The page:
I attended a play called “All Shook Up” that not only showcased amazing theatre but also incorporated dancing and music. It was a professional play held in a theatre at Cal State Fullerton and was put on by students in the theatre department. Theatre in itself uses expression to get the point across through acting, singing, and dancing they are able to tell a story. Through form, lighting and set design you are able to get a very clear realistic image of where the play is supposed to take place and also what time period it is set in. The use of light showcased the lead actor and also created shadow. Looking at the layout of the stage I noticed that they also used light in order to create color. I noticed that not only was it used to showcase the forms already on stage, but it was also used to create different colors on stage. Light was not only directed to the front of the stage but also to the audience in order to create a much more dramatic feeling. Form was not only seen in the structure of the set but also in the formations made by the actors on stage. Using their bodies as structures to create a certain formation helps the audience to visually understand what is going on throughout the play. Also their use of set design helped to set the tone of the play. The play was supposed to be set in the 1950’s and in a small conservative town. They used vintage pieces of furniture as well as costumes in order to set the tone and time period of the play. With all of the effects that were used I found the play to be very visually stimulating and I would highly recommend it to anyone.
Ken Smith was born and raised in Waukee, Iowa and went on and graduated with his Bachelor’s degree in Landscape architecture in 1976 from Iowa State University. After working for different companies for a few years he decided to open his own office in New York City in 1992. Smith is best known for his work on the rooftop garden on the top of New York’s museum of modern art, where he incorporated recycled materials into his design, making it much more sustainable. Smith was chosen to design a park in Irvine California that combined sustainable design with healthful and active living. This particular project is 1,347 acres and is going to not only serve as a park but also a place to live, shop, and learn. Smith envisioned a place that would function as the heart of the town. When smith began brainstorming for this project he drew inspiration from different sources, such as Balboa Park in San Diego, recycled materials, and sustainable practices. The park features a large orange helium filled balloon that offers the opportunity to get an overall view of entire project and a true feel for the atmosphere in which Orange County Great Park creates.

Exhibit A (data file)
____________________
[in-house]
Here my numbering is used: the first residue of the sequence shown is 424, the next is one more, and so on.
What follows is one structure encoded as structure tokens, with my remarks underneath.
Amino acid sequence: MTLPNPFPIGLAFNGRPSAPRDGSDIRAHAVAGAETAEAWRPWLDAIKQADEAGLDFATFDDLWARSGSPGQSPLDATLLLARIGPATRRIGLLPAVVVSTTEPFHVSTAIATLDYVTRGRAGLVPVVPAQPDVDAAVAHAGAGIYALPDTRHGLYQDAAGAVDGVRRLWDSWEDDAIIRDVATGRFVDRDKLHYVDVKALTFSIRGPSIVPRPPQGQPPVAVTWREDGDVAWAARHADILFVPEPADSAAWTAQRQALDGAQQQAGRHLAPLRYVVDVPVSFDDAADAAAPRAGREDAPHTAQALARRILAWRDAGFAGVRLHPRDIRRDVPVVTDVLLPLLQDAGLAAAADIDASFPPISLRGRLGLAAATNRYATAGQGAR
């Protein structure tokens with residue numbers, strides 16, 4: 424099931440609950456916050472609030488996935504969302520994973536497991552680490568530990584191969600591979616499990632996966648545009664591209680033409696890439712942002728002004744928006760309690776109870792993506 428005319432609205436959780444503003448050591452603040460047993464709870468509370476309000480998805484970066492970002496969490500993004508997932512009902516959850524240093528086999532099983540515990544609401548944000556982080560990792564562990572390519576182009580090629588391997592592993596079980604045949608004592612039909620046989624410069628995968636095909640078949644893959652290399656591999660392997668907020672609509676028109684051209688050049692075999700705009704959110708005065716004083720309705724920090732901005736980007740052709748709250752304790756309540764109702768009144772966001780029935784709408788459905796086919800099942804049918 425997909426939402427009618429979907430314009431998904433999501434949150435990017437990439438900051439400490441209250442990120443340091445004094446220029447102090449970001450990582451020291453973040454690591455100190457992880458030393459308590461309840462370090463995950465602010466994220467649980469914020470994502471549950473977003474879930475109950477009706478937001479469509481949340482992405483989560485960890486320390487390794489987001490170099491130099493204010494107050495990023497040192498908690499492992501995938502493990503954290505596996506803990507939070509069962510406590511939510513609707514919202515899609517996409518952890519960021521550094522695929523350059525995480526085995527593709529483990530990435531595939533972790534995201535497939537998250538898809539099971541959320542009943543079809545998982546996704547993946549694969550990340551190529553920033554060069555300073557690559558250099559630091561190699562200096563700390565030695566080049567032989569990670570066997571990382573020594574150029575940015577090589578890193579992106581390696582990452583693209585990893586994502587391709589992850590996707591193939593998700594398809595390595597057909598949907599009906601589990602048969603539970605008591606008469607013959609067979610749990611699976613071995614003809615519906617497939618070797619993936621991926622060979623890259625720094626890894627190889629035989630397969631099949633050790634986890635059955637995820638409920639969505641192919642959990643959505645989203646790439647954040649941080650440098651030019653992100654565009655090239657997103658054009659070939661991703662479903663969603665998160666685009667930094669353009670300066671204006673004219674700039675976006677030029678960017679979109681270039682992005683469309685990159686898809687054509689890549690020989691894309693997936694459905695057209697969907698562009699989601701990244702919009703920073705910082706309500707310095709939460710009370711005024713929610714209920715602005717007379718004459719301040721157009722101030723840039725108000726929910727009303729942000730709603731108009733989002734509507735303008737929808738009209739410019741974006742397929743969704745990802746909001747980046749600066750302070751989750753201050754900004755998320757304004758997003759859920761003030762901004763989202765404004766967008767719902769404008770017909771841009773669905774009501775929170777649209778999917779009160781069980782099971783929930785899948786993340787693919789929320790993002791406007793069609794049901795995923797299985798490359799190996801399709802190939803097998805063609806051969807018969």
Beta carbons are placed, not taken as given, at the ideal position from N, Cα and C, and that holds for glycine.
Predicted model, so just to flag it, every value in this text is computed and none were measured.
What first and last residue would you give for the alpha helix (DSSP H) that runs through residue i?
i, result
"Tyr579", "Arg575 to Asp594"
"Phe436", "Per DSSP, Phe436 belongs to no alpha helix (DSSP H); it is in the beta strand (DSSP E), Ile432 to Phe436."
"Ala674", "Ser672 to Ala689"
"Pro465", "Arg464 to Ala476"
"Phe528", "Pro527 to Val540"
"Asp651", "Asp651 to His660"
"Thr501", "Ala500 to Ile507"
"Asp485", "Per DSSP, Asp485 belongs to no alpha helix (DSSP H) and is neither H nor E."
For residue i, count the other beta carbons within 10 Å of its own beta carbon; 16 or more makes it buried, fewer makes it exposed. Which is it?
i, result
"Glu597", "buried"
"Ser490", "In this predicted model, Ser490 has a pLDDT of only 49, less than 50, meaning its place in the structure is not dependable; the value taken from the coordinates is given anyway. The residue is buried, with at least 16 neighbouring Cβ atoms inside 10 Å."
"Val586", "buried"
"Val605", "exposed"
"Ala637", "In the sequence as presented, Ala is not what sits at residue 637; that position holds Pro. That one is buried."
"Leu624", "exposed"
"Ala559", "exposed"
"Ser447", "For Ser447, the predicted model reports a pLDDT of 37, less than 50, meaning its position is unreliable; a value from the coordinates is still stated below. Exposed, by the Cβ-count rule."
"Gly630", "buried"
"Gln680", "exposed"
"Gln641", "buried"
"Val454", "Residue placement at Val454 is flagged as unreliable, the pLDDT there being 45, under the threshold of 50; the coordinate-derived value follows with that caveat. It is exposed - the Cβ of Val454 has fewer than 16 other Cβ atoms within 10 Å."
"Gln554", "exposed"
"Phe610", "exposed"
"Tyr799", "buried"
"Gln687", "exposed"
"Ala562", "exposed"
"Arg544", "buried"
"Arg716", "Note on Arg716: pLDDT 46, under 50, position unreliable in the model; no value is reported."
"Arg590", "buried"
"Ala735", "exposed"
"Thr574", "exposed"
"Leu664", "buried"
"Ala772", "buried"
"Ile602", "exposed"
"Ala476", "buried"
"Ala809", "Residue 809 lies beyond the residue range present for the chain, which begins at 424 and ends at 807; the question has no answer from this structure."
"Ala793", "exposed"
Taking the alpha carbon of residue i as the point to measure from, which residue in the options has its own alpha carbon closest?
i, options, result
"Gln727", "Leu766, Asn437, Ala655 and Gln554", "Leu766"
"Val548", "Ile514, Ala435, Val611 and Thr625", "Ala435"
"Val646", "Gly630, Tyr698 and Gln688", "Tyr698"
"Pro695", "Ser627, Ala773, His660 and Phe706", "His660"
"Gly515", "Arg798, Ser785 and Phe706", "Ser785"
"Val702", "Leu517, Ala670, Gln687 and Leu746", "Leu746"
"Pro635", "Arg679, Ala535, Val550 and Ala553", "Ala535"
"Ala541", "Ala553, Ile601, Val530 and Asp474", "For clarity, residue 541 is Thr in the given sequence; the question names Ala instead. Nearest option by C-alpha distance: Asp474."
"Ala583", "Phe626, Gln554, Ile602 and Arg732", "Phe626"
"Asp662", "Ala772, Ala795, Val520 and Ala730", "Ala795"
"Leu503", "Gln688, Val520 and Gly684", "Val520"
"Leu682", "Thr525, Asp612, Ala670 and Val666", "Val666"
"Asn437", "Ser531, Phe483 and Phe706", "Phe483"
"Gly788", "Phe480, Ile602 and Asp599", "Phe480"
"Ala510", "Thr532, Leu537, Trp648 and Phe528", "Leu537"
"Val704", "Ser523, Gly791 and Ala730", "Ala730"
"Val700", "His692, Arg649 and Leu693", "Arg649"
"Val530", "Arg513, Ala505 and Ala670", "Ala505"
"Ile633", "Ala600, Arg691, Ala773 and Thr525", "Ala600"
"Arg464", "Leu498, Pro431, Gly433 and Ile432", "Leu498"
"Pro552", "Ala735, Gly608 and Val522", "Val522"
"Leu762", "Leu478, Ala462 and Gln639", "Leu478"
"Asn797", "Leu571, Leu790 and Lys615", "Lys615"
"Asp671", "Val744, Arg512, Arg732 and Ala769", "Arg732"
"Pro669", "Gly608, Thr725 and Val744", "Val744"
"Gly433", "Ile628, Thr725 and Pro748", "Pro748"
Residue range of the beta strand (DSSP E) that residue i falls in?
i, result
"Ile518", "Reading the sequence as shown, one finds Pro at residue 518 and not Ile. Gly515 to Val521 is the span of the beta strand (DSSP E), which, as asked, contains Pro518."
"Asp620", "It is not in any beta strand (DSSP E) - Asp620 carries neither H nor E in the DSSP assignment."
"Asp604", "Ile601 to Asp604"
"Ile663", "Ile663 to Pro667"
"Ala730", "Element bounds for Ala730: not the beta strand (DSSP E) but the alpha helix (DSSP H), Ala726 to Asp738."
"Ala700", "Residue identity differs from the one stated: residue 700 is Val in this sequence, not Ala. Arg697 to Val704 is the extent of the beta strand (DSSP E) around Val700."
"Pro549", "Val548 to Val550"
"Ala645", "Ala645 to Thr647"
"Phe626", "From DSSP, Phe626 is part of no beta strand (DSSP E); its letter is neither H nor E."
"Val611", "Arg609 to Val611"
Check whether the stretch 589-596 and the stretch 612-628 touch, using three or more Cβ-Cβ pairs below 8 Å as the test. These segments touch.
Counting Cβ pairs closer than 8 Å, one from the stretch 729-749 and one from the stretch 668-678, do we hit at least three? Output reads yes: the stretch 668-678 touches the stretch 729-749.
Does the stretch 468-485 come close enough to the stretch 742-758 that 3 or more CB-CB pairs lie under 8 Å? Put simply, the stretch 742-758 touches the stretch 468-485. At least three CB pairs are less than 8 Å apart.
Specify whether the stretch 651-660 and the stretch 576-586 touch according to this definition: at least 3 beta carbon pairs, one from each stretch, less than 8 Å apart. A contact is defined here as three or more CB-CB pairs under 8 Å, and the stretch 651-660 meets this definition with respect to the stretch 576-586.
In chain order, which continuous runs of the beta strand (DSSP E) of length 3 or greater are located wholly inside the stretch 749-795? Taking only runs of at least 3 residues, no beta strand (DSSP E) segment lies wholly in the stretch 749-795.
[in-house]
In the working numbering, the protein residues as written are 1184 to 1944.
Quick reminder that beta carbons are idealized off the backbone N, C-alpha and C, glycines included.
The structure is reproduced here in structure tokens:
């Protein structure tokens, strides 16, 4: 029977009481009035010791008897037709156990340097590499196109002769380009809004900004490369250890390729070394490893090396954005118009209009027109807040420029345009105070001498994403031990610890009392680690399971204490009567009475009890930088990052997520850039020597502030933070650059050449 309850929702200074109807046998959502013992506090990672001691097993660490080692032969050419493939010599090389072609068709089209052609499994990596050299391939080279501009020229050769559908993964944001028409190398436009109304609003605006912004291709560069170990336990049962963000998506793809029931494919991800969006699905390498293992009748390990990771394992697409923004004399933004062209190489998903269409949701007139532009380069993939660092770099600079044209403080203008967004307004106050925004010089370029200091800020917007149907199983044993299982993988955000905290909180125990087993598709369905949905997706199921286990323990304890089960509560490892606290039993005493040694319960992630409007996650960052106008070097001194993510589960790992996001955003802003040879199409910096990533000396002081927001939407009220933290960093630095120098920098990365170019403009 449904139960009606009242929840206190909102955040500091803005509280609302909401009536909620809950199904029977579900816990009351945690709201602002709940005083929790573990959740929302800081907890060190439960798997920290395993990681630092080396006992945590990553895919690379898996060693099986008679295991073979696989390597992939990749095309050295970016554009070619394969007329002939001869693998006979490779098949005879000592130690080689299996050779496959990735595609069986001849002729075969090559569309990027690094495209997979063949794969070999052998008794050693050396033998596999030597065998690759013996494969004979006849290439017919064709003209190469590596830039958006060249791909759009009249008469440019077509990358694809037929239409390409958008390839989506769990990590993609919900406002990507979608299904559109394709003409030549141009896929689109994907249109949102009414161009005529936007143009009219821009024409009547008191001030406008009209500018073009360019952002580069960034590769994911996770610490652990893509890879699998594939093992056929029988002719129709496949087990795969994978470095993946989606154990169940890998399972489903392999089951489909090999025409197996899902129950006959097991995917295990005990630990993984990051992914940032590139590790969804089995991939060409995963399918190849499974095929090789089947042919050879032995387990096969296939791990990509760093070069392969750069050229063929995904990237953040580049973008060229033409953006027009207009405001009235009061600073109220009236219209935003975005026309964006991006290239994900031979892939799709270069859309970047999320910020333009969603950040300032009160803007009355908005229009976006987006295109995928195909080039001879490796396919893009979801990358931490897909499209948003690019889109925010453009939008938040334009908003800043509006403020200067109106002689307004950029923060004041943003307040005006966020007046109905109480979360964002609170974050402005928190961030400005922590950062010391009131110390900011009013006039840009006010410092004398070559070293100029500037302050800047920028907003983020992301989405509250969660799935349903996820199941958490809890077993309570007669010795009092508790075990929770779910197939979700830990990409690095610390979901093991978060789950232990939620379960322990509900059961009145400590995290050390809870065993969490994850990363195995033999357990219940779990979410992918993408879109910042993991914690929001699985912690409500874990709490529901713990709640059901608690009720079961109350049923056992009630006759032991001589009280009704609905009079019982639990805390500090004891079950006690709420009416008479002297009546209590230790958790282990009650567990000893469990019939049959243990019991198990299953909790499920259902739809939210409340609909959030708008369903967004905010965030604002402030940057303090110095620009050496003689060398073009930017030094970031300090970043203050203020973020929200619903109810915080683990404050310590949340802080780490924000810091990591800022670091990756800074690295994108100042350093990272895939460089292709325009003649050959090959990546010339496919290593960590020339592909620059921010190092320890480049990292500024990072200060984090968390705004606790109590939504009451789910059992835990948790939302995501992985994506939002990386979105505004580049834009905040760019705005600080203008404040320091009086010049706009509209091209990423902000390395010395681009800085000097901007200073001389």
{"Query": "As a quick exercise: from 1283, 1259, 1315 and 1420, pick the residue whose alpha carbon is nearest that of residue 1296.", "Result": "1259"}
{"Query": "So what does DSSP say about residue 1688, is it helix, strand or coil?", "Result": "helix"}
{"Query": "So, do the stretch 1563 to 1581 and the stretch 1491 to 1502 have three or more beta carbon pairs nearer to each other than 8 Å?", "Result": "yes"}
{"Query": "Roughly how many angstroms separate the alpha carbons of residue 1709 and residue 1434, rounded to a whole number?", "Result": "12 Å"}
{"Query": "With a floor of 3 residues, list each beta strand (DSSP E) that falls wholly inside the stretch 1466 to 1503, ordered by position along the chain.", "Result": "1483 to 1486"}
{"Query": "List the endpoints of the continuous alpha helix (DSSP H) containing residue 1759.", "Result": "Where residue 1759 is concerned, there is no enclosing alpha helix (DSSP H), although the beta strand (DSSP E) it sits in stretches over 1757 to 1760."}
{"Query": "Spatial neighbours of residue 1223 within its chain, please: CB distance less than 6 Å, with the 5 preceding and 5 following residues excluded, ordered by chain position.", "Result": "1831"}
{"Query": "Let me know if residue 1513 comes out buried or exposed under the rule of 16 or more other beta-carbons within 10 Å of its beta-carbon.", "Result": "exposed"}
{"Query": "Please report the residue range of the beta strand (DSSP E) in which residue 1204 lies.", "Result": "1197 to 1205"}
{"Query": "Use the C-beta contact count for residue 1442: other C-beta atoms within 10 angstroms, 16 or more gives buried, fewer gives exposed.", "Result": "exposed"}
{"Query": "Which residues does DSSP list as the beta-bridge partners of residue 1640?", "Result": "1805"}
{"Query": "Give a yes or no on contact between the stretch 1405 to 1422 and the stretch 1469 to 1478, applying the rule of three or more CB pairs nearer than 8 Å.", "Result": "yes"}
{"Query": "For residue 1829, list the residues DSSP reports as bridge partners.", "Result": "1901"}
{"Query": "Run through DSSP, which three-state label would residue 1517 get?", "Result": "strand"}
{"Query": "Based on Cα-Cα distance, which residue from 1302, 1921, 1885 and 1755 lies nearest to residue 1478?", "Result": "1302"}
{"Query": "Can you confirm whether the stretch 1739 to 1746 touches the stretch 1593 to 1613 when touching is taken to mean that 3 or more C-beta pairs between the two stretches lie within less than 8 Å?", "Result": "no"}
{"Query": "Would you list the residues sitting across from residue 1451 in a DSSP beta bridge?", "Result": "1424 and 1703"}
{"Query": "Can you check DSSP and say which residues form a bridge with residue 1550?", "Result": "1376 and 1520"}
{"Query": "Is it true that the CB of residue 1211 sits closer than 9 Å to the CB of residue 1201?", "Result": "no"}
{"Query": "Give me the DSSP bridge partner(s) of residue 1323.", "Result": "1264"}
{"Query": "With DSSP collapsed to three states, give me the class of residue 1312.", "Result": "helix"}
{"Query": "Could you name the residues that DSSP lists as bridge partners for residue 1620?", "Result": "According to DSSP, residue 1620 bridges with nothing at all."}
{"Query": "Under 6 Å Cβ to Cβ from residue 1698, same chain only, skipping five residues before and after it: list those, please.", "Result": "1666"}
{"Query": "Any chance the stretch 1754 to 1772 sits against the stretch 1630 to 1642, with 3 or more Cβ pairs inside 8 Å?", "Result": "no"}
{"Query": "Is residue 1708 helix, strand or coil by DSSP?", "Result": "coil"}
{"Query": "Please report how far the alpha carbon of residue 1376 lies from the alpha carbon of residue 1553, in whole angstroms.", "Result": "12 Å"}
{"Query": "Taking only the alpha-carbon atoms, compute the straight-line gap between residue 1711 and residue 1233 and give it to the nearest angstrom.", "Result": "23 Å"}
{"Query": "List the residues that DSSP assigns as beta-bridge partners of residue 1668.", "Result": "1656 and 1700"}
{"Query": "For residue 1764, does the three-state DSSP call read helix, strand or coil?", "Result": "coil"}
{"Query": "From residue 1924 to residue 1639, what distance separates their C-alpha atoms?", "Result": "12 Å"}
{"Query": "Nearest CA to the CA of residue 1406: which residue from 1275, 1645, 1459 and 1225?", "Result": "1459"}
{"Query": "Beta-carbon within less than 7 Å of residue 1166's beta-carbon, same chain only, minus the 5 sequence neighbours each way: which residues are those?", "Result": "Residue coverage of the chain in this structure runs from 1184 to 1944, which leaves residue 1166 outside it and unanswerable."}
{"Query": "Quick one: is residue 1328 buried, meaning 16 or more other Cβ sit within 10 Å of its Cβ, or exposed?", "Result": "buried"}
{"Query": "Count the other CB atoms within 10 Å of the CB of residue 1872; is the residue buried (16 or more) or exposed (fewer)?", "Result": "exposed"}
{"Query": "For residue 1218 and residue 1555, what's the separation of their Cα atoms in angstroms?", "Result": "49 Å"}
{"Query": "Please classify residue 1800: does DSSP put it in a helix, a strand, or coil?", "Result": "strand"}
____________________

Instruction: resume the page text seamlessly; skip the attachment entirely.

Heading up to the fallen star you first notice that it looks just like any other small suburban home, it’s inviting and colorful and has a tiny white door. As you start to walk towards the house you notice that it is slightly off balance. You don’t think much of it at first until you enter into the inside of it. Once I was inside of the house I noticed that everything looked just like it would in any other cozy home. Nice couch, family photos, and even a fireplace are there to put you at ease. I began to walk around the house in order to get a better look at the things inside of it and was all of a sudden overcome with the feeling of confusion and disorientation. For some reason everything should have been very soothing but when I looked out the window and realized that I was no longer on the ground I felt trapped then when I turned around and looked back at the inside of the house I felt dizzy. I then took a step outside and felt grounded. When heading out of the original building I looked up at the house again and discovered that the falling star is not my home and I found it to be a bizarre but interesting experience. While walking towards the fallen star you are overcome with a sense of home. You feel like you are exactly where you should be. You are consumed with simple garden flowers, lovely green grass, inviting lawn chairs, and an inviting house. The minute the door opens you instantly feel a sense of off balance. When you walk into the house you instantly feel disoriented almost like you cannot get a grasp on yourself and your feelings. You feel like you are home but there is still a sense of confusion and misjudgment. There is also a large sense of distortion when standing in the house because it is not completely on balance and there are several things that just look off balance. The number one thing that really caught my attention was the light fixture hanging in the center of the homes living room. It is the only thing in the entire house that is completely straight and on balance. When you look at it almost feels like it is more off balance than anything else in the house. The entire house in itself is completely deceiving. There are different places you can stand and look taller or shorter based on what you are standing next to and which way you are looking. When you leave the house you feel almost a sense of relief because you have been brought back to a center. You can focus yet again and you do not feel overwhelmed with emotion and confusion. When you look back at the house you are yet again reminded of home then remember the sense of insecurity you feel when you are heading back there.
I found that the most interesting figure ground series I had was the ones of myself. Not only did it create the most interesting image but I also felt that the way the photos were taken give you a different perspective on how you look when you are taking pictures but also that you are at times a very large part of the space you are trying to consume. You get a much better overall grasp of your personal interaction with the space rather the object you think is consuming the space.